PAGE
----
Young people’s school/college qualifications can be achieved through different learning methods including practical projects, course work, written exams and work based learning. This means young people can achieve qualifications which best suit their learning style and chosen career path. But this can be confusing to employers. In this card, we set out some of the main qualification routes. In our ‘Understanding Qualifications Levels Table’ card, we show how these compare against each other.
These are “traditional” qualifications offered by all schools in a wide range of subjects. They are assessed by a mix of coursework and written exams. Before the end of the 1980s, you would have known this level of qualification as ‘O’ Levels.
AS and A levels
These are 1-2 year programmes where Year One leads to completion of AS (half an A level) and Year 2 leads to A2 (full A level). Young people would usually choose 3 or 4 subjects and their study tends to be theoretical and mainly exam based or with a mix of exams and coursework. In order to qualify to take an A level programme young people would normally have been required to attain five GCSEs at Grades C and above, often including Maths & English.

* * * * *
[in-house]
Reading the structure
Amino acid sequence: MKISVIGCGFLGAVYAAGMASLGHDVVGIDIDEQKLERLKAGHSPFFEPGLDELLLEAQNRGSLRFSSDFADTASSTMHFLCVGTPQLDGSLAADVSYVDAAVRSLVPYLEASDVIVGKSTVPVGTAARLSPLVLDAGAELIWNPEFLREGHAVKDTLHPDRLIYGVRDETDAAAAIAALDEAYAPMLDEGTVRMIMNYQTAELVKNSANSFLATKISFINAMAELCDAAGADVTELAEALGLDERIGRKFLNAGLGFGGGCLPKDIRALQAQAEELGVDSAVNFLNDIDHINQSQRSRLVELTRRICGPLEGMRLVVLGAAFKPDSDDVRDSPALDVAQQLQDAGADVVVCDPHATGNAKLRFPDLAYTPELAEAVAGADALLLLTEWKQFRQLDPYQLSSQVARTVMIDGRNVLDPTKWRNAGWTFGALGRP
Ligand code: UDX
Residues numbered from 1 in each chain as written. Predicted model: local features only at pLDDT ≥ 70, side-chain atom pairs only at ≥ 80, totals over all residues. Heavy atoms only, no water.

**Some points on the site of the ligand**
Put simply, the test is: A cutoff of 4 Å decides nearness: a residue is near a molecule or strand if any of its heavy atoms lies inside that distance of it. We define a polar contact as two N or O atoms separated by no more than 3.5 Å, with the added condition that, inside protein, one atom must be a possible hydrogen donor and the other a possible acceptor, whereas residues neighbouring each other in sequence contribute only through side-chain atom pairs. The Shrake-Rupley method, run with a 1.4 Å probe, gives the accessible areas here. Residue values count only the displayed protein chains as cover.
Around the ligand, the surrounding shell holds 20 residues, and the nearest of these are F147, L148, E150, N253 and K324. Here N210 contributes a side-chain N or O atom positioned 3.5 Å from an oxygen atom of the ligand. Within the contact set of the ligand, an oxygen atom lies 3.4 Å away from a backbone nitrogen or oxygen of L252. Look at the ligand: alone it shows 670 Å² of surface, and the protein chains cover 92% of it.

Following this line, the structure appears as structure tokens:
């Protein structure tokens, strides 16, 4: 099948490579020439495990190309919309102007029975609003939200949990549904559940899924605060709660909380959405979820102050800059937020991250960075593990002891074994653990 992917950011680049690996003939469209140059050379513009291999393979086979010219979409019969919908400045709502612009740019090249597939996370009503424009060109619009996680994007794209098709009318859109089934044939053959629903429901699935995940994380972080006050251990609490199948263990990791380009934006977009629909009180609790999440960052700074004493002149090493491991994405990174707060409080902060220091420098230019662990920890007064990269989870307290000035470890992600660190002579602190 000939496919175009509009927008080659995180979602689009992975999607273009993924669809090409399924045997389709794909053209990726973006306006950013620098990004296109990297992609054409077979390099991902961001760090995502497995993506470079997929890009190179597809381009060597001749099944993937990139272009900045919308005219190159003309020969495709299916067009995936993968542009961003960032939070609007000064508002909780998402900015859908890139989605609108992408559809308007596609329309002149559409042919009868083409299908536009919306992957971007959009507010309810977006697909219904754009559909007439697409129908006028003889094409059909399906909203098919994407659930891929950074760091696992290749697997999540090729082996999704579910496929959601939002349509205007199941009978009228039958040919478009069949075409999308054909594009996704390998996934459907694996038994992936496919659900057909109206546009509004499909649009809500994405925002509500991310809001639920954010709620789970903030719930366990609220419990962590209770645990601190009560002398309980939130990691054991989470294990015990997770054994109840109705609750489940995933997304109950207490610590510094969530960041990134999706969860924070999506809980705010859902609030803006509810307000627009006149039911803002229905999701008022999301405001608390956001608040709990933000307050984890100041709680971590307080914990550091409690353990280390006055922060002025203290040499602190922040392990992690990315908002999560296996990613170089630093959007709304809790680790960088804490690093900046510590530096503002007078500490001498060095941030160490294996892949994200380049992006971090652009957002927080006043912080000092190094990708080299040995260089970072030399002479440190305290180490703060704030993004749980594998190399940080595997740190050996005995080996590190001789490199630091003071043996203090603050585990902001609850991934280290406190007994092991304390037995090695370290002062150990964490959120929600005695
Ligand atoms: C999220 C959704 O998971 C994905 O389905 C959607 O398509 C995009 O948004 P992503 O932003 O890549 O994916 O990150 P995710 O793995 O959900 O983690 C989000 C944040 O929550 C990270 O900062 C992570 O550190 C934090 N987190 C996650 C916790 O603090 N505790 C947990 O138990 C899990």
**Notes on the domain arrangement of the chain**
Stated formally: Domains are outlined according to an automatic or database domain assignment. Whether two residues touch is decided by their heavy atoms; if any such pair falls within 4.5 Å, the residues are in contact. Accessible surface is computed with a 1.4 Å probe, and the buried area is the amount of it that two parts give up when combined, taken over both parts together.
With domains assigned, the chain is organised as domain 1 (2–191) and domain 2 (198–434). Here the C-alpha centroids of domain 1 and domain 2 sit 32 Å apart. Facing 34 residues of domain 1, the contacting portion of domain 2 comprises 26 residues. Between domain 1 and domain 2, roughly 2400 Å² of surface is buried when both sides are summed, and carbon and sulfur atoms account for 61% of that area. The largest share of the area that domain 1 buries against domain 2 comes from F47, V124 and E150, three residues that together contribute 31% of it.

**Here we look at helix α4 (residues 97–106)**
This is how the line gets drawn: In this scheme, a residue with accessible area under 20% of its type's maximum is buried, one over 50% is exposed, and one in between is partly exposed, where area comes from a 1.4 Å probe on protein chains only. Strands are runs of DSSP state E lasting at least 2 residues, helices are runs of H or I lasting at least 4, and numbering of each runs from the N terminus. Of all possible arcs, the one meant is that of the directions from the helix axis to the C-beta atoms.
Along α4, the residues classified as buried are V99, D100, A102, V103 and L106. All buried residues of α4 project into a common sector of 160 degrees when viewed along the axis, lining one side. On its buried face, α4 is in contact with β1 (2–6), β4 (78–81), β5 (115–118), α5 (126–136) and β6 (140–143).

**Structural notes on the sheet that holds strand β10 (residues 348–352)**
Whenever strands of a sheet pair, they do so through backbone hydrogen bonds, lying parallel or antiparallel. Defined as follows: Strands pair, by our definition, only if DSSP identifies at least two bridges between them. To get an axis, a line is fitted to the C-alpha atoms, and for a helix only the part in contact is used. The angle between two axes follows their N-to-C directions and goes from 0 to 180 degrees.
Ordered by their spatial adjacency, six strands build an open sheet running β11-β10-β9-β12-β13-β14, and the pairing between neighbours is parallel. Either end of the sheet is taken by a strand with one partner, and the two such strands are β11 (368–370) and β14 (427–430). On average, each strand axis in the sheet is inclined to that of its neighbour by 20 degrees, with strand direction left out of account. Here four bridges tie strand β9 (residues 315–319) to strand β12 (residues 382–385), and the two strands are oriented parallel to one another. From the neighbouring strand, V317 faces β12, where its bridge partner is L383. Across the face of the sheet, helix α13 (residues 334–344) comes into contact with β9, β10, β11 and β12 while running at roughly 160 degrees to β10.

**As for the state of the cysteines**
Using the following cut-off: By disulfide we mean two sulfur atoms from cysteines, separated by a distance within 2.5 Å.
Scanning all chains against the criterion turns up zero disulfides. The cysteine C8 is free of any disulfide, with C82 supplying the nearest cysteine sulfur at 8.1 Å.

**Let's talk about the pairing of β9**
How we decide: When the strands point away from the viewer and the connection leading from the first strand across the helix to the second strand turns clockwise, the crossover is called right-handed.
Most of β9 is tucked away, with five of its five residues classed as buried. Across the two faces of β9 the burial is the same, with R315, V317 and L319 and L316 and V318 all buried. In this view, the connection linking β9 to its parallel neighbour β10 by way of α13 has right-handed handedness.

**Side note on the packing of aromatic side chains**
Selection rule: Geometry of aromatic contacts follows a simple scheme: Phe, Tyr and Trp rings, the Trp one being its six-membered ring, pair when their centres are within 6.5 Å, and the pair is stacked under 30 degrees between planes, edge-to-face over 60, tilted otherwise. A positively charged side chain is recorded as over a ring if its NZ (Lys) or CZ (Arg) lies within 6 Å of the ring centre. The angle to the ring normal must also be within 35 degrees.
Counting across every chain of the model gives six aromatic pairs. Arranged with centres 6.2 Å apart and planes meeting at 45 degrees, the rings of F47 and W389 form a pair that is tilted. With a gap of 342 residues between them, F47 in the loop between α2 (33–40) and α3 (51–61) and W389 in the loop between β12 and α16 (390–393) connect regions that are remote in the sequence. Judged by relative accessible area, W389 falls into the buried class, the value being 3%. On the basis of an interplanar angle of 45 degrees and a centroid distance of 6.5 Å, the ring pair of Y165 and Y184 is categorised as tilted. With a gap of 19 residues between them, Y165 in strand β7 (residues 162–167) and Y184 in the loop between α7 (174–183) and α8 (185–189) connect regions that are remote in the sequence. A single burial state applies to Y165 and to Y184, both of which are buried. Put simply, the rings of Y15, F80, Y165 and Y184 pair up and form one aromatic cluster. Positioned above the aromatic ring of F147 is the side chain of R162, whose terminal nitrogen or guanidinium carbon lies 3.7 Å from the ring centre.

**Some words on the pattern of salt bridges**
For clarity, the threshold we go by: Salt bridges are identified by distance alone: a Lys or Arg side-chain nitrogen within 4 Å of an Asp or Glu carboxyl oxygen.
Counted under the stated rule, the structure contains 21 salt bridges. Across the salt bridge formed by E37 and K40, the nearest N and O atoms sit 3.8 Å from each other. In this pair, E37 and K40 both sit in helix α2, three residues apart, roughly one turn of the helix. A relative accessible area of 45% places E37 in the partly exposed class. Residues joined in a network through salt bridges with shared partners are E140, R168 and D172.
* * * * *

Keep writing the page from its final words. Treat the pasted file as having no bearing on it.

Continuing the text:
These are “vocational” qualifications designed to offer a more practical way of studying subjects related to broad areas of work. They are available in a range of subjects from Art & Design to Health and Social Care. These Diplomas are assessed through modules of coursework completed over one or two years.
National Vocational Qualifications (NVQ’s)
These are vocational qualifications achieved through study of practical work based tasks often studied as part of an apprenticeship or work based learning. Assessment can be through observation of work activities and/or completion of a portfolio of evidence of skills at work.
Understanding Qualifications - Levels Table
Young people can progress through different qualification routes but each one is mapped against national levels 1-8.